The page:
Ebo Quansah for Public Agenda
When John Agyekum Kufuor won the 2000 Presidential Elections and declared Zero Tolerance for corruption, he was hailed as the saviour who has come to clean up the stables of contaminated local politics. For a considerable period in 2001 and 2002, the President and the administration seemed to do no wrong. He could walk on water in the eyes of ever-grateful Ghanaian masses that believed, rightly or wrongly, that Kufuor and his New Patriotic Party, are a fresh breed of politicians who would not repeat the mistakes of the past.
So far, there has been no identification haircut and the Castle is largely free. The President has refrained from using state television and other media of mass communications to heap insults on his political opponents. But evidence is emerging those old habits die-hard.
Quite recently, the Government was forced to withdraw from a deal contracted by the Minister of Roads and Transport Richard Kwadwo Anane under which Nationwide, a relatively smaller airline operator in South Africa would have taken over the running of Ghana Airways. Evidence adduced by opponents of the deal suggested that the country would have been short-changed.
Coming at the heels of the IFC loan fiasco, it puts the credibility of the Government on the line at a time when almost 100 percent hike in petroleum products has induced severe economic hardships on most of the people. When the Government announced the steep petroleum increases, it added that ministers of state and other top government functionaries would be required to make the same sacrifices the people are being called upon to make. I am afraid the sacrificial call appears not to have landed effectively. For instance, under the guidelines on official use of petroleum products, ministers of state and top government functionaries are banned from using four wheel-drive vehicles in the cities. They could use them on the highways, according to the guidelines. There is evidence that four-wheel vehicles have yet to be kicked to touch on city roads. Ministers are still riding in the cities in four-wheel drives.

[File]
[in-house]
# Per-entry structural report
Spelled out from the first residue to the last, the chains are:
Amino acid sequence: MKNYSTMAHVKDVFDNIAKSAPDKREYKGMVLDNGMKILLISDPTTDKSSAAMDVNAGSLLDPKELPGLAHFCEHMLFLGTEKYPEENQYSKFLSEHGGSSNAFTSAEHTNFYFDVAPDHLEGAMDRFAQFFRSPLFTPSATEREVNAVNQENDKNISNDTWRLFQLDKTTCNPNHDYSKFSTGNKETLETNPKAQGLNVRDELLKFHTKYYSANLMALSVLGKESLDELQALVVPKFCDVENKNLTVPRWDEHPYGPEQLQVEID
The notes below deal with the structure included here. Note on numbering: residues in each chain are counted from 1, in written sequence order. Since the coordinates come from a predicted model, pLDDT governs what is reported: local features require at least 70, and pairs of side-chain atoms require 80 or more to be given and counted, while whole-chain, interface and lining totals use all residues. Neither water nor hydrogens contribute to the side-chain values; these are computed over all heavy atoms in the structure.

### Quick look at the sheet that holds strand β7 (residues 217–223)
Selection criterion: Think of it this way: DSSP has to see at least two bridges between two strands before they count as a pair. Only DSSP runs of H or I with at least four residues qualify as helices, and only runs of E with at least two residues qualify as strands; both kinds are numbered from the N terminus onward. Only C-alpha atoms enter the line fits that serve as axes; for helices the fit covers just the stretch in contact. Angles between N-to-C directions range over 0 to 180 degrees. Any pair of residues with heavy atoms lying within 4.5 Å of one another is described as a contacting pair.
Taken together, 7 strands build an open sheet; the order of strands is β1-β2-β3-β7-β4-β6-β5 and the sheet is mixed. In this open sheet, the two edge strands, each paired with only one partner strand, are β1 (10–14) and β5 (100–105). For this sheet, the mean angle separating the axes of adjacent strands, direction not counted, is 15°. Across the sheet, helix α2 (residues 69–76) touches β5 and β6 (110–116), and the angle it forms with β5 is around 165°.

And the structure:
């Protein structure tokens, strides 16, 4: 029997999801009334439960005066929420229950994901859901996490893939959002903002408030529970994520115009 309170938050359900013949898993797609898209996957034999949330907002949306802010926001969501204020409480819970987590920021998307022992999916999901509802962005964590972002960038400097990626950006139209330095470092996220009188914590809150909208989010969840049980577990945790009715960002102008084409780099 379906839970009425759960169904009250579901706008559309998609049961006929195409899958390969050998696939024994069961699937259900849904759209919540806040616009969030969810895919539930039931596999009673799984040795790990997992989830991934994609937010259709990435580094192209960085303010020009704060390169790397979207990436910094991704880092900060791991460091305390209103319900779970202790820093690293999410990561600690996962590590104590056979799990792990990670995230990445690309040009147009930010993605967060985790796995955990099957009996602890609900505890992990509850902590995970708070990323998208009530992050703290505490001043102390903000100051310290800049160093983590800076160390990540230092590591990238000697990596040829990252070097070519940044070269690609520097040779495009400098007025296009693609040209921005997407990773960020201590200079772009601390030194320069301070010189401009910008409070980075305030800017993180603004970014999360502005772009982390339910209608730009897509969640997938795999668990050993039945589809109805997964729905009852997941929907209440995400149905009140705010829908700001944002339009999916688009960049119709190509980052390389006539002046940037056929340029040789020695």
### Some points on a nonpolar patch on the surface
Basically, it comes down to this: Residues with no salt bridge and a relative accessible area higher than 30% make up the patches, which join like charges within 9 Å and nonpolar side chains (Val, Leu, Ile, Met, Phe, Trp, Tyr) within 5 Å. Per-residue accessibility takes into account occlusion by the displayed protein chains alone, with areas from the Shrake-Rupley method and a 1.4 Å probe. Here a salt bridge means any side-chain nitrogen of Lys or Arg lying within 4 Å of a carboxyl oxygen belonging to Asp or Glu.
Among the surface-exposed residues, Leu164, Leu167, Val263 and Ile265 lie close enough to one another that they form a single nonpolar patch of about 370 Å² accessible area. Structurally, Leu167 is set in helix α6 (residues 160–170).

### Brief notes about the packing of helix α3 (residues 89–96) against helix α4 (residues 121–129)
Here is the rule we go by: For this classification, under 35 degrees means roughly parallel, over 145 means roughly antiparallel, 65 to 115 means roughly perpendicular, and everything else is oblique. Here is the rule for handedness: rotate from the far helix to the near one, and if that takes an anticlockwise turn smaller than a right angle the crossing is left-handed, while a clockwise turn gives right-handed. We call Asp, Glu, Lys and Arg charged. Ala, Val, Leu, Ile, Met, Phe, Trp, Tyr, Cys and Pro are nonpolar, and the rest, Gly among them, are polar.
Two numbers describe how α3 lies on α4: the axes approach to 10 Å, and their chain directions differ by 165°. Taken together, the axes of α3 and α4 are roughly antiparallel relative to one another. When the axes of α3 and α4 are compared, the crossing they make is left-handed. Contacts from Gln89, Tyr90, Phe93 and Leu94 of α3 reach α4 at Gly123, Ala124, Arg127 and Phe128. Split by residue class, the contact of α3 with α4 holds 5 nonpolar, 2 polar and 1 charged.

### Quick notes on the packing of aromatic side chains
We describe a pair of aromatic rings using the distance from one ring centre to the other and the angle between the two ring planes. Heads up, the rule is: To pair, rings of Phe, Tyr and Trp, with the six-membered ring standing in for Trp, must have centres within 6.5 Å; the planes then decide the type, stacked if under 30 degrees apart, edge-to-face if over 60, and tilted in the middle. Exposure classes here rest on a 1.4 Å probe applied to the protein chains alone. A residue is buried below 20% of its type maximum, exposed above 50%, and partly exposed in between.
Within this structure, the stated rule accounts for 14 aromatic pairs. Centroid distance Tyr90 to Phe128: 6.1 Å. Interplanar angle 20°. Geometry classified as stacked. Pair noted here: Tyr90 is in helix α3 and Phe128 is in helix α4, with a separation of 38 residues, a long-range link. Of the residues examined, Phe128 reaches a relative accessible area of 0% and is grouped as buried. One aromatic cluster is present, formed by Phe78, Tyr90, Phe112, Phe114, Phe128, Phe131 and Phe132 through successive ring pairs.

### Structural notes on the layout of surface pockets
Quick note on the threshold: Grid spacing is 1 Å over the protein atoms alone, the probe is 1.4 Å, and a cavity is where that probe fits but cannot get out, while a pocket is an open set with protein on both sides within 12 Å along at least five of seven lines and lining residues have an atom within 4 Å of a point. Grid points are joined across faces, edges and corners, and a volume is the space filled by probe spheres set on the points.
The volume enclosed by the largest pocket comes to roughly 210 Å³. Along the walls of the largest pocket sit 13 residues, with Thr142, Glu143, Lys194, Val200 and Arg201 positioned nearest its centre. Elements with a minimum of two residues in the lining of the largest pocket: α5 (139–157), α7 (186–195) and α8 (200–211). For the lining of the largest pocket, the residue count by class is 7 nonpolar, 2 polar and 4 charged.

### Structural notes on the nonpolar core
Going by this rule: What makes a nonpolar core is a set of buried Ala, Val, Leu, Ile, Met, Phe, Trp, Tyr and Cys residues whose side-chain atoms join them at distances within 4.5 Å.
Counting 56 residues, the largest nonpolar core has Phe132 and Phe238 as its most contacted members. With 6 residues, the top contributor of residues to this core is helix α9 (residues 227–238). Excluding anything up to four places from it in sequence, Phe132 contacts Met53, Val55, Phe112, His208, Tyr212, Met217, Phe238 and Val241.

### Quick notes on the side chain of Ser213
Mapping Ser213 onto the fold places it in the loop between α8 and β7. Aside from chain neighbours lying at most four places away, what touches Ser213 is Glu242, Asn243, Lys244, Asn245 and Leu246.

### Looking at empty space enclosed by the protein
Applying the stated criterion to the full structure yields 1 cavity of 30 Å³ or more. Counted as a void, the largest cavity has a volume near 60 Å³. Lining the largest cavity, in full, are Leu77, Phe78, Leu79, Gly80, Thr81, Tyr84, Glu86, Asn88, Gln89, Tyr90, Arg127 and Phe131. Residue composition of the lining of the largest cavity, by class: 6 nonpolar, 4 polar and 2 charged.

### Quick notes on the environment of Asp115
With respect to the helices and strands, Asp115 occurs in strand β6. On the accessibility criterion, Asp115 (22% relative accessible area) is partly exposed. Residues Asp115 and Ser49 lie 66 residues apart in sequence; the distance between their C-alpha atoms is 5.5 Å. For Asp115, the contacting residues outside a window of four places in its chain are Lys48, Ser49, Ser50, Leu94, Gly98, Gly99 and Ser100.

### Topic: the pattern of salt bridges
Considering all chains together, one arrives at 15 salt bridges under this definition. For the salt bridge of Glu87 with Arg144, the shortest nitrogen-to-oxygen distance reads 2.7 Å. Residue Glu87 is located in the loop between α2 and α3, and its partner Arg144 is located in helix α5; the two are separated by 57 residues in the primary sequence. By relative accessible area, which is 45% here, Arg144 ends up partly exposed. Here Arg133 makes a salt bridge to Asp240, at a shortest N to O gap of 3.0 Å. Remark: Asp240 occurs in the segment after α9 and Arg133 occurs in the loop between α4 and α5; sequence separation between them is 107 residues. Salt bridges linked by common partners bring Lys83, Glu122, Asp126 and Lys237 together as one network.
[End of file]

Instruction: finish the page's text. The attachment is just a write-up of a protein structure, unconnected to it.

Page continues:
While adhering to the directive may not immediately wish away the myriads of economic problems facing the country, the failure on the part of ministers of state to observe this simple instruction could undermine government authority in its dealing with the people of Ghana. One hopes the President and his aides would take note.
While we are at it, it is pertinent to draw the President's attention to the volcanic eruption waiting to explode on the agreement under which Telenor, the Norwegian telecommunication conglomerate has been brought in to administer Ghana Telecom under a so-called management service contract. The tenets of the agreement flies against Positive Change and Zero Tolerance for Corruption and should be thrown out of the window before it becomes a major stumbling block in our endeavour to move forward as a nation.
As a Ghanaian, I am seriously aggrieved by the tendency of officialdom to ignore the expertise of Ghanaians both at home and in the Diaspora when it comes to finding the right expertise to run state institutions. On an Accra FM station on Friday, the Member of Parliament for Gomoa West Ama Benyiwa Doe made an assertion that was lost in the cloud of politicking under which the statement was made.
She said when the New Patriotic Party was campaigning for political office; one of their catch phrases was that they have the men and women to deliver this country from the woods. Since assuming office, they have specialized in handing this country over to foreigners. She cited the bungled attempts to hand Ghana Airways to Nationwide of South Africa, the deal under which Telenor of Norway were brought in to take charge of Ghana Telecom and the abortive Milan Zivadinovich handling of the national soccer team, the Black Stars.
When this nation had independence in 1957, there were not many Ghanaians with the expertise to run sensitive areas of the national economy. To address the issue, Dr Kwame Nkrumah expanded the frontiers of education. Now Ghanaians with the right expertise to run all manner of businesses abound both at home and abroad.